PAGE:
BYD, Geely and SAIC are being investigated by the European Union. But Tesla didn’t do that, and the company’s response was strong.
The global market is full of cheap Chinese cars. European Commission President Ursula von der Leyen said that the prices of these cars are artificially low due to huge government subsidies. in September.
This was the starting point for the investigation into Chinese state aid to automakers.
The EU fears that if China subsidizes Chinese companies, these companies could gain an unfair competitive advantage in the European market – through abnormally cheap cars.
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The big three minus one
Just before the weekend, it became clear which companies would be subject to scrutiny.
The chosen ones are
● jelly (Volvo, Zyker, Polestar, Lotus, etc.),
● Psych engine (MG, Maxus, etc.) and
Now companies have to answer a large number of questions posed by the European Commission.
according to this report The three manufacturers respectively account for 1.5 percent (Geely), 16 percent (BYD), and 26.3 percent (SAIC) of Chinese electric vehicle exports.
Tesla, via the factory in Shanghai, accounts for a whopping 39.2 percent stake. Therefore, the American company is the largest exporter of Chinese-made electric cars.
Therefore, Tesla’s lawyers react sharply to the fact that the investigation will concern only other brands, writes S POLITICO.
Same “punishment” for everyone
The logic is as follows:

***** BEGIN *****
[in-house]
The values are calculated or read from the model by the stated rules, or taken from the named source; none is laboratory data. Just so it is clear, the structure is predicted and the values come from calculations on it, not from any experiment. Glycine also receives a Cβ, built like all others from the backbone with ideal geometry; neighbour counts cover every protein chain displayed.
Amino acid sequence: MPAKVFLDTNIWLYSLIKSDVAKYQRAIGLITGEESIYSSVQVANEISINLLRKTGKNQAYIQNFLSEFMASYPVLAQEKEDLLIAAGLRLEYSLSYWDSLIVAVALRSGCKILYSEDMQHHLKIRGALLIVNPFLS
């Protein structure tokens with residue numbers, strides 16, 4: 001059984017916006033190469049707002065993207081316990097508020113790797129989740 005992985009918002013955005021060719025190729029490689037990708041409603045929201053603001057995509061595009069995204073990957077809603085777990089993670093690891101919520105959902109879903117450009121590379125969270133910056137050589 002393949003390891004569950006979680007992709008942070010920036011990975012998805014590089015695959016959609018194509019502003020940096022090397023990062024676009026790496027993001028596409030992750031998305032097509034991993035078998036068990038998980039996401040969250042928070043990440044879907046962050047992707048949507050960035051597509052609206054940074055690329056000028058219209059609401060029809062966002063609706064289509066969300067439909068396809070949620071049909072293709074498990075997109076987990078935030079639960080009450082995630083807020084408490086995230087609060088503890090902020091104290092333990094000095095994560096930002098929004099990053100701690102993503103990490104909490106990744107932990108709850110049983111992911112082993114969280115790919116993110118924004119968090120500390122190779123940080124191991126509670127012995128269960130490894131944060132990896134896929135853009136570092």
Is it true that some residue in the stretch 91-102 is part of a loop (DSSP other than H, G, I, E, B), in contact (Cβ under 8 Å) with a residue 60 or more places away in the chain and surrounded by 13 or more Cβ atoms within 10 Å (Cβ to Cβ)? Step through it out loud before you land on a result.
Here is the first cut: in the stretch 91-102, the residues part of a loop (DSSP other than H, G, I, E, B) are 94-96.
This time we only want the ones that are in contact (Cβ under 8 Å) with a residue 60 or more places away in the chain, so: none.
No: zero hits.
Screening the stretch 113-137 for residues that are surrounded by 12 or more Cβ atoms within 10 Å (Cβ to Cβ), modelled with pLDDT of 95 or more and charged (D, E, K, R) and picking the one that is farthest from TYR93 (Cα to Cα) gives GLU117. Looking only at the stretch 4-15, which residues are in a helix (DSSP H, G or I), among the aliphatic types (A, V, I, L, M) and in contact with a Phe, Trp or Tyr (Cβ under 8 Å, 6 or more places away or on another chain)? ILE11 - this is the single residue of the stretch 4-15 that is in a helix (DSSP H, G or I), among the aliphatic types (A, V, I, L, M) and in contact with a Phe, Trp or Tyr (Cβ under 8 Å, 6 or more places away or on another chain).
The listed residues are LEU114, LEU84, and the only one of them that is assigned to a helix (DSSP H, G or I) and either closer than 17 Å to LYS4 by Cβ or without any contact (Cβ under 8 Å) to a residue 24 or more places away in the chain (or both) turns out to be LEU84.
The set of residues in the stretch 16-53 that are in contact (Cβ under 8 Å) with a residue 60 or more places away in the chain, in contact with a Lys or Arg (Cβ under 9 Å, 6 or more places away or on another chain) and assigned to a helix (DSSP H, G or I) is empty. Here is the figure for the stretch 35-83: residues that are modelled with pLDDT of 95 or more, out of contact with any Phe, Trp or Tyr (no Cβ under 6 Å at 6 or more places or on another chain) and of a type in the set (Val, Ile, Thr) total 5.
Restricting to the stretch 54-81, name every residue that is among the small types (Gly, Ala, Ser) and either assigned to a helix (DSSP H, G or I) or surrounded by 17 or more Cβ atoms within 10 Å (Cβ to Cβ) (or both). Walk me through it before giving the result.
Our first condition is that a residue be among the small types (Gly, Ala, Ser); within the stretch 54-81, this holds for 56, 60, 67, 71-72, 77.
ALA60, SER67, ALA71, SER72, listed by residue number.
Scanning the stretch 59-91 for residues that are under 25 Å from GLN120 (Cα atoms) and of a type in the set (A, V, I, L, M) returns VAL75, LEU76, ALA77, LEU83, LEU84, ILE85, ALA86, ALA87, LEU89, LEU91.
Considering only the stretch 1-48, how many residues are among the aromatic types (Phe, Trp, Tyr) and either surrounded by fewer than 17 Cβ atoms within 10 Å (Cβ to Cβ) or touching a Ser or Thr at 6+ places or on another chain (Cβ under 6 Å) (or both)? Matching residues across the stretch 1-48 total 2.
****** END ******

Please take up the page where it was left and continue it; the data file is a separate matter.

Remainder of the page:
● The investigation by Geely, SAIC and BYD is likely to reveal some level of financial support from China.
● This level will form the basis for sanctions imposed by the European Union.
● Sanctions will be applied to all companies exporting electric vehicles from China.
● Tesla’s China operations barely benefited from the subsidies across the three Chinese companies in their entirety, and would probably have dragged the ‘cut’ down.
● Tesla could be equally subject to financial penalty as other manufacturers.
This was confirmed by the Swedish spokesman for the committee, Olof Gill.
Tesla’s lawyers from Steptoe & Johnson wrote that the decision was “wholly unreasonable.”
“The Commission’s decision to exclude the largest source is unprecedented and completely unsustainable,” is the message.
In the selection process, the European Commission assessed the volume of exports, but also hinted at companies that might be better qualified for government subsidies. Tesla believes this deviates from all previous investigations, where, according to the lawyers, the EU Commission “explicitly rejected” that factors other than export numbers were relevant.
– It is understandable that Tesla is very disappointed. Think of it as collective punishment, says Matthias Schmidt, an auto market analyst POLITICO.
– We do not automatically include all companies that want to, says Gill at the European Commission.
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